First of all, what’s at stake in many of the “horror stories” these and other critics cite are the right of religious groups to discriminate against gay people in situations where the groups are either using government money, or some public assistance, for the relevant function. That’s a rather different matter than religious expression and core worship services themselves being targeted for obliteration or discrimination lawsuits. It’s an issue of a much smaller scope. It’s lame enough when religious organizations generally claim that they should not be taxed, since “taxation is the power to destroy.” But what these critics are essentially arguing that religion is in danger of obliteration unless it receives special, no-strings attached, taxpayer support and legal treatment for their charitable programs.

Secondly, the actual issue in all of these cases isn’t even gay marriage in the first place. Again, nearly every “horror story” that’s cited involves anti-discrimination laws proper. Gay marriage is irrelevant. Carpenter again:

Neither the viability of the discrimination claim nor the viability of the religious objectors’ desired exemption turns on whether the gay couple is officially recognized. In most of the cited cases, in fact, the couples’ relationship was not recognized by the state, but adding such a status to the cases would change nothing about their legal significance. The most egregious abuse of these examples to undermine gay marriage is the Catholic Charities case, which involved the application of a 1989 antidiscrimination law. That dispute arose because the Catholic Church objected to complying with the law for the first time only after gay marriage was permitted in the state. It was a fortuitously timed conflict for gay-marriage opponents given that the state legislature was at that very moment considering a constitutional amendment to ban gay marriage.

In short, what Gallagher and Stern are really objecting to in these passages are anti-discrimination laws that have been around, in some cases, for decades. If they really oppose those laws, they are welcome to argue their case. In fact, they’re 100% right about some of them, in my opinion: I’m generally against all anti-discrimination laws that affect purely private businesses in any case (yes, even racial ones). But presenting these situations as if they are unique challenges that only now exist thanks to gay marriage is deeply misleading.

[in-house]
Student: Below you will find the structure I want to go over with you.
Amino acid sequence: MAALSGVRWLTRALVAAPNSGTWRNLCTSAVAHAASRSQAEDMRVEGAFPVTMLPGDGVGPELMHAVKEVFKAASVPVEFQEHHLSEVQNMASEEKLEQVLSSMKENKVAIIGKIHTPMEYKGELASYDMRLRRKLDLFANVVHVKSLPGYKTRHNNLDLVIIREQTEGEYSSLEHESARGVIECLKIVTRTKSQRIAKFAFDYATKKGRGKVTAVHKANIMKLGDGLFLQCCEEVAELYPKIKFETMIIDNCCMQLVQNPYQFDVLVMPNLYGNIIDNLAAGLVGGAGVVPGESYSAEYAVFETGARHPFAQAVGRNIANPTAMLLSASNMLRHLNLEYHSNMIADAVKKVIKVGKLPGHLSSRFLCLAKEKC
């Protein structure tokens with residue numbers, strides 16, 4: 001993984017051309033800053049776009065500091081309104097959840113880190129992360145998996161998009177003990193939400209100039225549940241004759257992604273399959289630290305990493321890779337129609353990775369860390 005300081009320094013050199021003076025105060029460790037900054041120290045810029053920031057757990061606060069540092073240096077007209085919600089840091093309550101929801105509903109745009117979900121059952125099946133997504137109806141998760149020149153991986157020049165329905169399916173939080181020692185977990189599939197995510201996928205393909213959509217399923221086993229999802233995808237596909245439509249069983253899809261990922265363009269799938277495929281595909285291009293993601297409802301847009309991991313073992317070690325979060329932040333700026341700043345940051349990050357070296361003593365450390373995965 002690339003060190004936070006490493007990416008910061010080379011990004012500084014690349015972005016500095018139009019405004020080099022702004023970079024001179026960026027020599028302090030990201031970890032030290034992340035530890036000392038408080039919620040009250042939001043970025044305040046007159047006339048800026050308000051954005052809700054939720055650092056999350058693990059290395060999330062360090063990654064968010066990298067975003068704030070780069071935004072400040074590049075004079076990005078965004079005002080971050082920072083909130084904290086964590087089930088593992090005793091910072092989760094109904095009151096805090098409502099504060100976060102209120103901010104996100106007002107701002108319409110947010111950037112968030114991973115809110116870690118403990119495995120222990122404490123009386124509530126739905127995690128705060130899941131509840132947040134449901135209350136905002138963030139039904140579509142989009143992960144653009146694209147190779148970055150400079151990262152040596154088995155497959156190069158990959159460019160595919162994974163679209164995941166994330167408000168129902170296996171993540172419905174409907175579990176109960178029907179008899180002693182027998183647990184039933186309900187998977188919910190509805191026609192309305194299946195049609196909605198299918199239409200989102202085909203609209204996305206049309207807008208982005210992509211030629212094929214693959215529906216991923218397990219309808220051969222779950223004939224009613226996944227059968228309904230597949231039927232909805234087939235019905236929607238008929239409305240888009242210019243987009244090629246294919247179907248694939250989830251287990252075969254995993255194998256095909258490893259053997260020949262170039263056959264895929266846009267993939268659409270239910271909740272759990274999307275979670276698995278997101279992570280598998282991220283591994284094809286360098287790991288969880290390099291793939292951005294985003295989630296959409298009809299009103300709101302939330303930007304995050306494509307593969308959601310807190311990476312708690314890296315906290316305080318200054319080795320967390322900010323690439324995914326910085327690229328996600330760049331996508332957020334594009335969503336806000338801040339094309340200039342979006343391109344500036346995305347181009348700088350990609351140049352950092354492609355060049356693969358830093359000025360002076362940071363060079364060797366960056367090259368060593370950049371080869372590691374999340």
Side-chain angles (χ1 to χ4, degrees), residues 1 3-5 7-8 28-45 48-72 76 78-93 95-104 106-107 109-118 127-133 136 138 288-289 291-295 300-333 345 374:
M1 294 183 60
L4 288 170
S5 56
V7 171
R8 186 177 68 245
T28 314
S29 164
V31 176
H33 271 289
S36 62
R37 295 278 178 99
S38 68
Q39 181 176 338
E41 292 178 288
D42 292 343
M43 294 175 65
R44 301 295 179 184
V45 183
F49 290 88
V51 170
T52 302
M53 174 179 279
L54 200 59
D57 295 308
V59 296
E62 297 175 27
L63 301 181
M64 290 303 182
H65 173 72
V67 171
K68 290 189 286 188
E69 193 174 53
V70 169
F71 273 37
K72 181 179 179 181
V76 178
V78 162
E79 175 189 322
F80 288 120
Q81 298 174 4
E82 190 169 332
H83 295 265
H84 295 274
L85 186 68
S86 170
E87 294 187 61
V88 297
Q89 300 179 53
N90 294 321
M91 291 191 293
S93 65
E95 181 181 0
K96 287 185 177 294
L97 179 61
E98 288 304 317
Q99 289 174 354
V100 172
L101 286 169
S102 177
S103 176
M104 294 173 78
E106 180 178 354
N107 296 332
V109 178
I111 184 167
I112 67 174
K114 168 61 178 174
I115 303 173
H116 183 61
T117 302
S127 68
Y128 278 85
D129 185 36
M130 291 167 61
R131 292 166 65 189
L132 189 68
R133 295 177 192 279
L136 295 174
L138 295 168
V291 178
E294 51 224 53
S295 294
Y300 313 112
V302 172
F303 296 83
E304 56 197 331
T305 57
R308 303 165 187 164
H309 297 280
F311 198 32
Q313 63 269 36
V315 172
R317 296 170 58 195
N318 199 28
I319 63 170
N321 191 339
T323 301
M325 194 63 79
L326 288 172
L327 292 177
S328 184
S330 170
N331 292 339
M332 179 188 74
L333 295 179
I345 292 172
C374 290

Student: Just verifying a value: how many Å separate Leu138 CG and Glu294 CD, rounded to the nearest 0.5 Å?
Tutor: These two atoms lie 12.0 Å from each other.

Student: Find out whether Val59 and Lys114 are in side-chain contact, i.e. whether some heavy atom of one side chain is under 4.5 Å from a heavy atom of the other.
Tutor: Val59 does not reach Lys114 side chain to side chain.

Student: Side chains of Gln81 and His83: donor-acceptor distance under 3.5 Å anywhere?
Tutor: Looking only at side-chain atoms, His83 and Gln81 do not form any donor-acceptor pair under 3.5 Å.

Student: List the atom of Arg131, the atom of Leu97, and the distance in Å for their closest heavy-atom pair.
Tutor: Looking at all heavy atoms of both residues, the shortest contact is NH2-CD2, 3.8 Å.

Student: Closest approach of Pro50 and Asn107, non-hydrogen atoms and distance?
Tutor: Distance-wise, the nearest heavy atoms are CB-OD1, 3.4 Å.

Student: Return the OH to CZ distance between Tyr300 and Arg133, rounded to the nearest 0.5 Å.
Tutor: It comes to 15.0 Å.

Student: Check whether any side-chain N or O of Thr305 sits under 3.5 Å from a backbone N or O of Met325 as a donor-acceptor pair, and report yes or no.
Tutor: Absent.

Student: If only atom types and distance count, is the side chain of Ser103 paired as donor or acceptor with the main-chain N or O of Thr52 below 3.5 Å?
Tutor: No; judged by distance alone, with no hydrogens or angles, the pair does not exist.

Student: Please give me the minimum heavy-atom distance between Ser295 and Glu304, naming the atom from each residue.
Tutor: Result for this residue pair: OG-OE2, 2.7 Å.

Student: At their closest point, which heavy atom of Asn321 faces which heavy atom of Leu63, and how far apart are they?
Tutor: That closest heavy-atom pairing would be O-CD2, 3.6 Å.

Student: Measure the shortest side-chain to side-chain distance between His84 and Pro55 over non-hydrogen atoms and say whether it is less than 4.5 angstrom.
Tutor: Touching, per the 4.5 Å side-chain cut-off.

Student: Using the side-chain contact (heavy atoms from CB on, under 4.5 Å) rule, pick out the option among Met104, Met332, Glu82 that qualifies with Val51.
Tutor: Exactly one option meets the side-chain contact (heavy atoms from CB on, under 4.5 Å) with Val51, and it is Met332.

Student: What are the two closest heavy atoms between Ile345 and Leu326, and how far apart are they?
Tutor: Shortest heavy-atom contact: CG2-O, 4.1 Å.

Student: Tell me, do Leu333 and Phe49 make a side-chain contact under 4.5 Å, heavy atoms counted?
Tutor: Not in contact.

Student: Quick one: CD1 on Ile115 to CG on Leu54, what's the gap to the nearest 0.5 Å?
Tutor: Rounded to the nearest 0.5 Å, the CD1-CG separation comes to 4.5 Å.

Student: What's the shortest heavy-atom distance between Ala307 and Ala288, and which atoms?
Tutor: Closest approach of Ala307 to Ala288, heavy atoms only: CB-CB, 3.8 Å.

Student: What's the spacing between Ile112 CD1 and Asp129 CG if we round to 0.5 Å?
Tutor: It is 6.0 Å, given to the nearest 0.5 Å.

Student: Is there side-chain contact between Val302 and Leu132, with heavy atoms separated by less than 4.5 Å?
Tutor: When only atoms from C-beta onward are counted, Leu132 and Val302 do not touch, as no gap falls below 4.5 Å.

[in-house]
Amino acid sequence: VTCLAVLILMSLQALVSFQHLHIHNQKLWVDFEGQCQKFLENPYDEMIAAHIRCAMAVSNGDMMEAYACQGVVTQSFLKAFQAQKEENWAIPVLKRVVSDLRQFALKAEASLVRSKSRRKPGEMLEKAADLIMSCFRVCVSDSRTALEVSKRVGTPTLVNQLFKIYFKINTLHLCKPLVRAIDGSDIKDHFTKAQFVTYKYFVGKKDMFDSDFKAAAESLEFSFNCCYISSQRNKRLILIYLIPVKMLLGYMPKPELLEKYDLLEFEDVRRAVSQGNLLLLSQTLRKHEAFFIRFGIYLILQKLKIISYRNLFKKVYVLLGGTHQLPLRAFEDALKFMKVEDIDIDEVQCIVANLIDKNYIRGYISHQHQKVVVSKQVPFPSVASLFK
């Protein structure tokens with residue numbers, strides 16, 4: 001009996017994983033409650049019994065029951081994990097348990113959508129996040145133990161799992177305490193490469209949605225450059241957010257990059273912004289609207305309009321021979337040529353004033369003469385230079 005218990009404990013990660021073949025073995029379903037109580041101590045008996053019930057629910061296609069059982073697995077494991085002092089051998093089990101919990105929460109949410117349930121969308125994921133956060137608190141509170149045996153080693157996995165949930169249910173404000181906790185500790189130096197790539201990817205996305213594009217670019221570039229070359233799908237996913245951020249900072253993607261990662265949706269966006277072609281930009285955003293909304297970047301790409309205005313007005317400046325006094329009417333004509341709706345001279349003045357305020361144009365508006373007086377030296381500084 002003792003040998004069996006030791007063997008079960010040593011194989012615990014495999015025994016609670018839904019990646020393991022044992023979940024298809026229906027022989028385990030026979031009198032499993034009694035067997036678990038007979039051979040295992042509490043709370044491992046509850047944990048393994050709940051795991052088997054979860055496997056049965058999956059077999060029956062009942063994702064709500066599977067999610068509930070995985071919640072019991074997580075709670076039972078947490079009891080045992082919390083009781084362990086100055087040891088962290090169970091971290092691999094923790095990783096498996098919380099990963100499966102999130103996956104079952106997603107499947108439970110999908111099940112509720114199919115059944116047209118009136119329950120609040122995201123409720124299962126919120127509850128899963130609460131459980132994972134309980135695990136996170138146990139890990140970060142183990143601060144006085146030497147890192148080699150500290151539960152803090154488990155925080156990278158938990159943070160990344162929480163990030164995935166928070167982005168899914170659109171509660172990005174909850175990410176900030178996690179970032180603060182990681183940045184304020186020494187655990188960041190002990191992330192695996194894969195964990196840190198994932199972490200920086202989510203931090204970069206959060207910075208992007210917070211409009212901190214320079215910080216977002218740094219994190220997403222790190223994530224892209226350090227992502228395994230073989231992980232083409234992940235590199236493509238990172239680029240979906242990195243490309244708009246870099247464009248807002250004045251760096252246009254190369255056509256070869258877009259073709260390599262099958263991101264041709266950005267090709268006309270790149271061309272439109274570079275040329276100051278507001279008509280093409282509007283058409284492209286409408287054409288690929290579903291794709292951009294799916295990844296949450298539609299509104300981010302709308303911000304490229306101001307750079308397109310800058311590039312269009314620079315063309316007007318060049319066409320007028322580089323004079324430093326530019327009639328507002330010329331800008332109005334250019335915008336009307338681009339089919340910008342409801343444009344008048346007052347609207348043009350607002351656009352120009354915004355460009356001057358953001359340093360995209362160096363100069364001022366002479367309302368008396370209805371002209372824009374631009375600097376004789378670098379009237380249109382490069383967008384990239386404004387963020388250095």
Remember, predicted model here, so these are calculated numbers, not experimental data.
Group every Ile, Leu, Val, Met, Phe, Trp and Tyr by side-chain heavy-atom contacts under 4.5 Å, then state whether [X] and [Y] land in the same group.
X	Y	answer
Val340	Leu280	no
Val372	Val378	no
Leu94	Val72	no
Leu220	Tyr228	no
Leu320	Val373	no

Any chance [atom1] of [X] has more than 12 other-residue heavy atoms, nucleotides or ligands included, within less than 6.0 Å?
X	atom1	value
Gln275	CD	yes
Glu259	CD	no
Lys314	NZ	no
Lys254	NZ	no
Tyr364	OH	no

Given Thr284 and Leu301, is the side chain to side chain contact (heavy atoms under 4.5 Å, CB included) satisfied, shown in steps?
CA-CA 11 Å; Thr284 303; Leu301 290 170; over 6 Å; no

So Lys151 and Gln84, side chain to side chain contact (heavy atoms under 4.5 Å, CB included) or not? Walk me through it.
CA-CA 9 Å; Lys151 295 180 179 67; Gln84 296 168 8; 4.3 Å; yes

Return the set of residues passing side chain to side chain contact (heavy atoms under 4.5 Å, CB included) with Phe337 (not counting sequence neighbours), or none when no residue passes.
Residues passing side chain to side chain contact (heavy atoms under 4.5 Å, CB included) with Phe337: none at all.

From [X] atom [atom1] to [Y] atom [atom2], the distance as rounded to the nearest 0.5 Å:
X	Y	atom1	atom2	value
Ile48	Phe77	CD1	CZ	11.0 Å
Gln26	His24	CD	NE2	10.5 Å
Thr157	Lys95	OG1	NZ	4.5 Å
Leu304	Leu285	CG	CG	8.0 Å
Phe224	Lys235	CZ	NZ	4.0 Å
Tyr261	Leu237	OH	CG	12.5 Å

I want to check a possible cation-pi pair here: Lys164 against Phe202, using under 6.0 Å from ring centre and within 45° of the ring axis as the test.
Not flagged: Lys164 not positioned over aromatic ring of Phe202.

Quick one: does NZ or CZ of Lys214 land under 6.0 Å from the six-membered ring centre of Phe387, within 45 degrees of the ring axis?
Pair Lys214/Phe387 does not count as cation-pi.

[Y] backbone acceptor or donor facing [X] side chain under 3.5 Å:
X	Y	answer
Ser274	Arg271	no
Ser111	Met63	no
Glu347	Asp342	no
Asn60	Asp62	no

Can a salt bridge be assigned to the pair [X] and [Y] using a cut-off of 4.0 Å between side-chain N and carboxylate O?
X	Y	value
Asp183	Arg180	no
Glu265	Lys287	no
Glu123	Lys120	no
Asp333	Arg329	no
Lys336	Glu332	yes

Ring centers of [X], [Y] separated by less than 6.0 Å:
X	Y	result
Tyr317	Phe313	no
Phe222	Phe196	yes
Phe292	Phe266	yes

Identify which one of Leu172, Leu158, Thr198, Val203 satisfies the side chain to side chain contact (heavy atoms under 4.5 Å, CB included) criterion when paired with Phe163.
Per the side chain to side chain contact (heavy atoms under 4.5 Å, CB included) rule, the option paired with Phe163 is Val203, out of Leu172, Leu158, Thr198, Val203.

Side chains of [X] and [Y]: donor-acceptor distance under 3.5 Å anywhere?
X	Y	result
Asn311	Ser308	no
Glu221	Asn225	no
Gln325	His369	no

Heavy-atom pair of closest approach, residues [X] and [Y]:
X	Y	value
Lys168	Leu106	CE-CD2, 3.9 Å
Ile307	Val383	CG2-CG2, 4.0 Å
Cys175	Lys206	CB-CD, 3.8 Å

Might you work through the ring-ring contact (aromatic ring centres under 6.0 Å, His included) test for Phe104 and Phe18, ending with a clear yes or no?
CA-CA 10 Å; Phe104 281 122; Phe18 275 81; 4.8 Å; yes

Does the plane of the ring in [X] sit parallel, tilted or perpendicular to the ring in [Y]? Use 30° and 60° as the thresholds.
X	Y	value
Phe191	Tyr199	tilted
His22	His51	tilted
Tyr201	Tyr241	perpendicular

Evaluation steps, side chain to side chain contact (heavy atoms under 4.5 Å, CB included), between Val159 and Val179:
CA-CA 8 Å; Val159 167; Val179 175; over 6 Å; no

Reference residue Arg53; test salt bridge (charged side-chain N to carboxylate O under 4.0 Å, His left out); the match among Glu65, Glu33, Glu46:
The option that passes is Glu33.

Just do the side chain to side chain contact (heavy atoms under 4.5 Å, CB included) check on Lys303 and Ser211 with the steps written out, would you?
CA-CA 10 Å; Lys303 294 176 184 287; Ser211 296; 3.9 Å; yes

And if there really are any good reasons to see California’s latest newlyweds as portents of doom, they’ll have to be found elsewhere.


Atheists Can Claim Victory Over Bananas, Ray Comfort Concedes

June 13, 2008

Ray Comfort, who with former child-actor Kirk Cameron became famous (or infamous) for declaring that bananas prove God’s design, has finally backed off on his claim that the fruit is the “atheists nightmare.”

Hemant over at Friendly Atheist has all the details and audio. As Comfort is forced to finally admit, bananas were indeed designed for pleasing human beings… but by human horticulturists, not by a god.

This certainly doesn’t make me more likely to take Comfort’s other assertions any more seriously than I do now. But credit where credit is due to him for graciously giving in, even if the whole thing had already become something of a joke (albeit for reasons having much more to do with Freud than with Intelligent Design).


Greek Man is Proud to Be a Lesbian, Will Sue Anyone Who Says Otherwise

June 10, 2008

And, in fact, he’s 100% correct: he is a total lesbian. No, really (best part is at about one minute in).

HT: Gene Expression.


Woman Marries the Berlin Wall, Then Cheats on It With Garden Fence

June 8, 2008

We can debate gay marriage: the moral merits, the social benefits, the alleged costs. But it’s time we all, everyone of us took a stand against this woman and her licentious wallism.

And lest anyone tries to blame this on gay marriage, notice that she pulled this stunt 29 years ago, in secret, and without trying to claim any civil benefit or responsibility for the union.

Is the whole story an elaborate hoax or prank played on the local media? I don’t know, but honestly, in my opinion, stuff like this is too positively insane to be a joke:

“The Great Wall of China’s attractive, but he’s too thick – my husband is sexier.”

HT: The Agitator


Unintentionally Hilarious Republican Political Attack Ad

May 25, 2008

Over at the Agitator, when he isn’t worrying about the tiny matter of the President now having the power to send the military into a US suburb, abduct a U.S. citizen, and detain him without charges or legal rights for the rest of his life, Randy Balko is a pretty funny guy. In this case, he’s identified one of the silliest political attack ads I’ve seen in a long time.

(New Video Found)

Quips Balko:

I’m trying to figure out how the three dancers are supposed to represent “San Francisco values.” Maybe the black guy in the cowboy hat is gay? But then why is he dancing with two women? Maybe it’s because one of the women is white. But then, the white woman also has a lesbian haircut. Maybe it’s the dancing itself? Or they’re all illegal immigrants? Or they’re planning a visit to the abortion clinic after happy hour?

They should really be clearer about whom were supposed to be hating, here, and why.

Update: Someone didn’t like being made fun of: the original video seems to be gone., so I’ve tracked down another source. And this response ad has a clip of the dancing, though without the “San Fransisco Values!” voiceovers.